Are there any good reasons to believe God, being all-good and all-powerful, may still choose to allow “physical” evil, such as hurricanes, earthquakes, and disease? I believe there are. I’ll offer an argument in support in this week’s post.
We often say God can do anything—this is what it means for him to be “omnipotent.” But last week I argued there is something God cannot do. He cannot create people who are free and then determine what they will choose. Some object this limits God and makes him less than all-powerful. If they are right, the response to the Problem of Evil from human freedom is derailed. Is this a good objection?
If God has good reasons to permit Evil, the argument against God due to the reality of pain and suffering evaporates. There seem to be two good reasons for God, being all-good, to nevertheless allow Evil to exist. This week I’ll offer the first reason, along with an explanation of why this makes sense.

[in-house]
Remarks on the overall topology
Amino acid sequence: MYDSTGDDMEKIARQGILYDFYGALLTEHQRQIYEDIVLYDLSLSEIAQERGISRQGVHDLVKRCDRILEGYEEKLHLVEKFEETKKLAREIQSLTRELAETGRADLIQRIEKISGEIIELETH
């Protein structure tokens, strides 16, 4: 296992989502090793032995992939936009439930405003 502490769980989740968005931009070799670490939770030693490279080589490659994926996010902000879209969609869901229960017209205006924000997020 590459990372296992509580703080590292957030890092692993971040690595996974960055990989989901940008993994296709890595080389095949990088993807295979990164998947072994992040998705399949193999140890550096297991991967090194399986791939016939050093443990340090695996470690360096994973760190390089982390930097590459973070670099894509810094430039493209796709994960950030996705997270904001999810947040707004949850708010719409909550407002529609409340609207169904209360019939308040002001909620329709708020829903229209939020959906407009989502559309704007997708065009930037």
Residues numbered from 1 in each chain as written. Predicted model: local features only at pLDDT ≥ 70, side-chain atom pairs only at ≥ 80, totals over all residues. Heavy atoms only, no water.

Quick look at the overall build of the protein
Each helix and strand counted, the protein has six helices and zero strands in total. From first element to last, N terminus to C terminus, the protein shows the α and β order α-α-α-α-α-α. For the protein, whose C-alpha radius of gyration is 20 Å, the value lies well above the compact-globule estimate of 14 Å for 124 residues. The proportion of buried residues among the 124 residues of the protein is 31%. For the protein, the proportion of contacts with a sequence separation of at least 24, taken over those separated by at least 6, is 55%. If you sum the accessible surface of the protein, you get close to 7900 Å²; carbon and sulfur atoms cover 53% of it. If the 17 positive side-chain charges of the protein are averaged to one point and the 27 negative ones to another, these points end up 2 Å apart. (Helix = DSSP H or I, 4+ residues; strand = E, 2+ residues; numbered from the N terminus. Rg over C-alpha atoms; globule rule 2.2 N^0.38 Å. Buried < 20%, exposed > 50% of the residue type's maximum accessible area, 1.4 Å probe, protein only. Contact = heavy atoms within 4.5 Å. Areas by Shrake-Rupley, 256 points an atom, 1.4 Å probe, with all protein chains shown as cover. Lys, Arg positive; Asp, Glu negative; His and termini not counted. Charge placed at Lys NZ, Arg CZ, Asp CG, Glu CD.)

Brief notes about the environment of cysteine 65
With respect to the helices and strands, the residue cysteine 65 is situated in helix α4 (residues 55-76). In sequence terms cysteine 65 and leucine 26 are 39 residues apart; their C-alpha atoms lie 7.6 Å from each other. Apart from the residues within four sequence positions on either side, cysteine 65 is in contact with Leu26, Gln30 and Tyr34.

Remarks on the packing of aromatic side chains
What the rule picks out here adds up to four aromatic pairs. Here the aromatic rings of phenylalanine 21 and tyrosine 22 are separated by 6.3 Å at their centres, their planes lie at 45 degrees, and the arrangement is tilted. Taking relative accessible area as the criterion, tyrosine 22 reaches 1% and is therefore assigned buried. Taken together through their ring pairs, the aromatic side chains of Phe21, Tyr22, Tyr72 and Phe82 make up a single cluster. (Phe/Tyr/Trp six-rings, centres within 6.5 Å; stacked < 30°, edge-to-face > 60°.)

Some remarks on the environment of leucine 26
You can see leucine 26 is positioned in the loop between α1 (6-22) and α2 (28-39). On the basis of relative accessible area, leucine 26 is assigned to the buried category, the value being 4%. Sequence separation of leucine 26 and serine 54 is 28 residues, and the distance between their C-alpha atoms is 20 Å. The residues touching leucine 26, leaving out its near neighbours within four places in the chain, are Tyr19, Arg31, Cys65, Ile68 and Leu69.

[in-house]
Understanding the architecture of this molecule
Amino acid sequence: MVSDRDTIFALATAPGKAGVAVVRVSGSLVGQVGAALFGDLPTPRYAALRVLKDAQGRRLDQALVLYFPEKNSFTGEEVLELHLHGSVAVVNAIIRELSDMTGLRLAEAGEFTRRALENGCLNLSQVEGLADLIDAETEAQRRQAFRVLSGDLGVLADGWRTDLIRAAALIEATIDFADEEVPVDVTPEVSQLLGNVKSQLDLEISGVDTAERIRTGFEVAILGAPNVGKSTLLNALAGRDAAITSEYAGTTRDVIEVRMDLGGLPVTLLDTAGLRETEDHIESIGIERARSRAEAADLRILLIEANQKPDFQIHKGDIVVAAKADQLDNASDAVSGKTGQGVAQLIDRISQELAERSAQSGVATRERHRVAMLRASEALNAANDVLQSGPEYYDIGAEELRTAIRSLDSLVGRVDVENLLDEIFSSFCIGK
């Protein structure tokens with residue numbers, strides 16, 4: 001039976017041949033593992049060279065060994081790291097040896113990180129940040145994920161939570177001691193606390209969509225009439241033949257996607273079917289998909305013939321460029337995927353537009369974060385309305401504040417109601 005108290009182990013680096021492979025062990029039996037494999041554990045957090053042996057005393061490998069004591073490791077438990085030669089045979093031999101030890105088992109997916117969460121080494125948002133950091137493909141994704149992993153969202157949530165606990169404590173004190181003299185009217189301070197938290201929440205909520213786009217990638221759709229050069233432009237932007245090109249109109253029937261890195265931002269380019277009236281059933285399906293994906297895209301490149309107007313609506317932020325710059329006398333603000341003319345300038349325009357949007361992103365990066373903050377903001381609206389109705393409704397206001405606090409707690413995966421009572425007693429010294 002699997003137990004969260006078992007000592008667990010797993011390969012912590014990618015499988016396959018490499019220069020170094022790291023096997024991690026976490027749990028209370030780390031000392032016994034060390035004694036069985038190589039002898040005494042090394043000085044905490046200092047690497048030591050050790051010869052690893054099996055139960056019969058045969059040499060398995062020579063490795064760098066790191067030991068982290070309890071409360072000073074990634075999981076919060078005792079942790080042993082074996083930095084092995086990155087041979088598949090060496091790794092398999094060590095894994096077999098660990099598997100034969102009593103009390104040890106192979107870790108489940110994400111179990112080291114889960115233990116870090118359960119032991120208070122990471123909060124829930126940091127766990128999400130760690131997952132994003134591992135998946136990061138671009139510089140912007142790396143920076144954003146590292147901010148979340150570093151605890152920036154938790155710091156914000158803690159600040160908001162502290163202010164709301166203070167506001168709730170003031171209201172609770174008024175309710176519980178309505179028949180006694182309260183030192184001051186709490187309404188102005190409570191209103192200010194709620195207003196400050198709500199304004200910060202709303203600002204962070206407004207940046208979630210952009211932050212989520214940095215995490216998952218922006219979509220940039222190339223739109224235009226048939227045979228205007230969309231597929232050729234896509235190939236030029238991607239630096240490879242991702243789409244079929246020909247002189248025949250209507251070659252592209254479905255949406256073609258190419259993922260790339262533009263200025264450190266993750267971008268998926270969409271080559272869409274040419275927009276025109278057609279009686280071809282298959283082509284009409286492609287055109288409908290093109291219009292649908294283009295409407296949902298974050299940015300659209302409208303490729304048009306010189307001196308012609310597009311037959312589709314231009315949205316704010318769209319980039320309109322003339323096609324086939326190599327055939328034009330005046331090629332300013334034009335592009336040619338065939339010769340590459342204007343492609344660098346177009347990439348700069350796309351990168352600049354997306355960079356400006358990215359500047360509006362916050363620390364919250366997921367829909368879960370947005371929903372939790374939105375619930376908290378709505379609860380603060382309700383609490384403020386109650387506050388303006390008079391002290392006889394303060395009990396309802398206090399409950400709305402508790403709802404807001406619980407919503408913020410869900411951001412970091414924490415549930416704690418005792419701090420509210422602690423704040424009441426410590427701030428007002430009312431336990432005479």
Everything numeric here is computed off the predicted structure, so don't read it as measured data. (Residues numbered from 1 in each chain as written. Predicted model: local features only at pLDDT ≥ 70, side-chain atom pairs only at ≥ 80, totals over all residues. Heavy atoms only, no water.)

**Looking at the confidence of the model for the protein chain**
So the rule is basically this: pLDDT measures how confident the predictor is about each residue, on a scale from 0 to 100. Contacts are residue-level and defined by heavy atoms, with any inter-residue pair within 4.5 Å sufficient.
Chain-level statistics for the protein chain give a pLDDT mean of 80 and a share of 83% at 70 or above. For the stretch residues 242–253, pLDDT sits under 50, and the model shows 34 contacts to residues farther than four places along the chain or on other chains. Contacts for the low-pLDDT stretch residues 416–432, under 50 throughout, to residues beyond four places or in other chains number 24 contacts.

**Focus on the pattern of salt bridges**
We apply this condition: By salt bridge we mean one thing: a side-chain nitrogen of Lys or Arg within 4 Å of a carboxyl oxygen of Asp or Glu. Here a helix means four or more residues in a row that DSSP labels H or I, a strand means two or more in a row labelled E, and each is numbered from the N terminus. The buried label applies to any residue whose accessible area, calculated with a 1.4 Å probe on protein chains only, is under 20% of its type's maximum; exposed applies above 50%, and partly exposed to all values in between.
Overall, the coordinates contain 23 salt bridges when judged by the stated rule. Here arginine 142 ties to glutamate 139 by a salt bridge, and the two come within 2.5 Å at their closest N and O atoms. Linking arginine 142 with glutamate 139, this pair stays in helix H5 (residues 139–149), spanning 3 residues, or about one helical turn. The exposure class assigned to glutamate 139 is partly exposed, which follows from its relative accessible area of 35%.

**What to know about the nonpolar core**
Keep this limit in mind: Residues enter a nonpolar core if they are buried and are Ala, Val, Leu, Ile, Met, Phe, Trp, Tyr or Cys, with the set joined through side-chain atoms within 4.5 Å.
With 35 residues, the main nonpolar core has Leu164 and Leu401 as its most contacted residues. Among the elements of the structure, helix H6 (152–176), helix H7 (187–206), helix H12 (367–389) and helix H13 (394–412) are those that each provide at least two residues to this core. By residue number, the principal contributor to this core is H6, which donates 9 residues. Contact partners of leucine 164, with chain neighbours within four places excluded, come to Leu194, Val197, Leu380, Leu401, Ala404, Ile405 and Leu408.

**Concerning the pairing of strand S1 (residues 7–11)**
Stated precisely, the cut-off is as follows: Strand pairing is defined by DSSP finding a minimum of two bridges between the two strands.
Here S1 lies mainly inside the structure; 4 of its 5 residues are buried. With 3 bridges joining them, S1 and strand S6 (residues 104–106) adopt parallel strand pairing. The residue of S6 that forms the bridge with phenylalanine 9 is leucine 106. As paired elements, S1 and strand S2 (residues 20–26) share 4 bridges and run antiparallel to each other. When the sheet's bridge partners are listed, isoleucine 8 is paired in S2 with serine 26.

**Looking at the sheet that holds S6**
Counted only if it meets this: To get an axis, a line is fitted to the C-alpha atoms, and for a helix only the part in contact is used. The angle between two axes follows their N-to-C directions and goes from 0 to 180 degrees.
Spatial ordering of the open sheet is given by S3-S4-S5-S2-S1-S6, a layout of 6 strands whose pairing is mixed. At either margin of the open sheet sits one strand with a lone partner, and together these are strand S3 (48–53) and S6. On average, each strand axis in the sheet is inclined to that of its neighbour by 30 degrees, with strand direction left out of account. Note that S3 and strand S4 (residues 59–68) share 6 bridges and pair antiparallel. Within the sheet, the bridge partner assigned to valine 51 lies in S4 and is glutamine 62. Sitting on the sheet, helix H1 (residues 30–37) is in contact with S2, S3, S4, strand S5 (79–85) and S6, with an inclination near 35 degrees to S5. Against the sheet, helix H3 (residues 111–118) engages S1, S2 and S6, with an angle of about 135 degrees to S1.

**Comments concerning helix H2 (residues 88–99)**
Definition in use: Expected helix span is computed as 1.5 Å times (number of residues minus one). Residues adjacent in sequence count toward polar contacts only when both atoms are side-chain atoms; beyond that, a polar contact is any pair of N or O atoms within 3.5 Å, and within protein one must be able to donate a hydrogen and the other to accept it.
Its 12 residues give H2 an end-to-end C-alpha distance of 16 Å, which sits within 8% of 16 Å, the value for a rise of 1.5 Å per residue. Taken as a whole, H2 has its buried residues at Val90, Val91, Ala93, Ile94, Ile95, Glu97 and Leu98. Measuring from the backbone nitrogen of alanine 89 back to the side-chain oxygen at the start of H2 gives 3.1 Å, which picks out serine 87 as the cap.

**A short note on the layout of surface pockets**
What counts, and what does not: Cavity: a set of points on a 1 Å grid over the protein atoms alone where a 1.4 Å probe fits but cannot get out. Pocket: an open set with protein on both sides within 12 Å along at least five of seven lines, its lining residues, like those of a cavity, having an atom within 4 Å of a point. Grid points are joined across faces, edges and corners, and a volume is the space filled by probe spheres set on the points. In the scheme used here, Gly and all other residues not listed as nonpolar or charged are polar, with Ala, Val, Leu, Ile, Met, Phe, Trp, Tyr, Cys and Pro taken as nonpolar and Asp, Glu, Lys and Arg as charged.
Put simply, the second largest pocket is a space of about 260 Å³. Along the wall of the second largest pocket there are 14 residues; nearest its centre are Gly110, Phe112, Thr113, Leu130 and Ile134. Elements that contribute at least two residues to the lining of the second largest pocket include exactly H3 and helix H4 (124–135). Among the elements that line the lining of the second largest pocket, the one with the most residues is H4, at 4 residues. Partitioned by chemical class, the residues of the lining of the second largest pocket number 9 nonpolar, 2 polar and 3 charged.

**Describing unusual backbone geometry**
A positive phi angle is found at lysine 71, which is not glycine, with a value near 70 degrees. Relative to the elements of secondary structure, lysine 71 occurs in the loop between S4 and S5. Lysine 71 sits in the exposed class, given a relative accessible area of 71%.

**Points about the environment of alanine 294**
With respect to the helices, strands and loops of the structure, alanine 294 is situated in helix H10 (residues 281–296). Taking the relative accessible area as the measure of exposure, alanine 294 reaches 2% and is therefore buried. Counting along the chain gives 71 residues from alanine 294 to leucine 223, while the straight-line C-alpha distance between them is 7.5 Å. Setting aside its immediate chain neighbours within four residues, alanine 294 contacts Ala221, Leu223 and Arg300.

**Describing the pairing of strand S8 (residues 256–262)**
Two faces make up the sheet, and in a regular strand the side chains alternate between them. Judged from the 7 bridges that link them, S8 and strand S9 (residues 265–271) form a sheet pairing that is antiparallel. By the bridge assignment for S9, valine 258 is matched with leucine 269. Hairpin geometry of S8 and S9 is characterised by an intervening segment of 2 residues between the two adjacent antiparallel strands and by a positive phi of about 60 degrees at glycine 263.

There seems to be a compelling argument that, given the reality of Evil, God does not exist. But wait—there is more to the story! If we dig a bit deeper we find a problem with one of the premises (and therefore the entailed premise and conclusion). This week I’ll begin to explore “the rest of the story.” But to do so I must first review how to evaluate arguments.
Some believe God exists, but he can’t do anything about pain and suffering. He is just not powerful enough. Others believe God exists, but he doesn’t want to do anything about pain and suffering. He is just not good enough. Both attempts to explain the existence of God given the reality of Evil are common. I also think they are both wrong.
I was surprised this topped the charts last year. It is on a very important topic, but is quite technical. I decided to write it because it needed to be written, but I didn’t think it would get many views. 560 people thought otherwise, making this the most popular post of last year. (It being promoted by someone else in December didn’t hurt either!)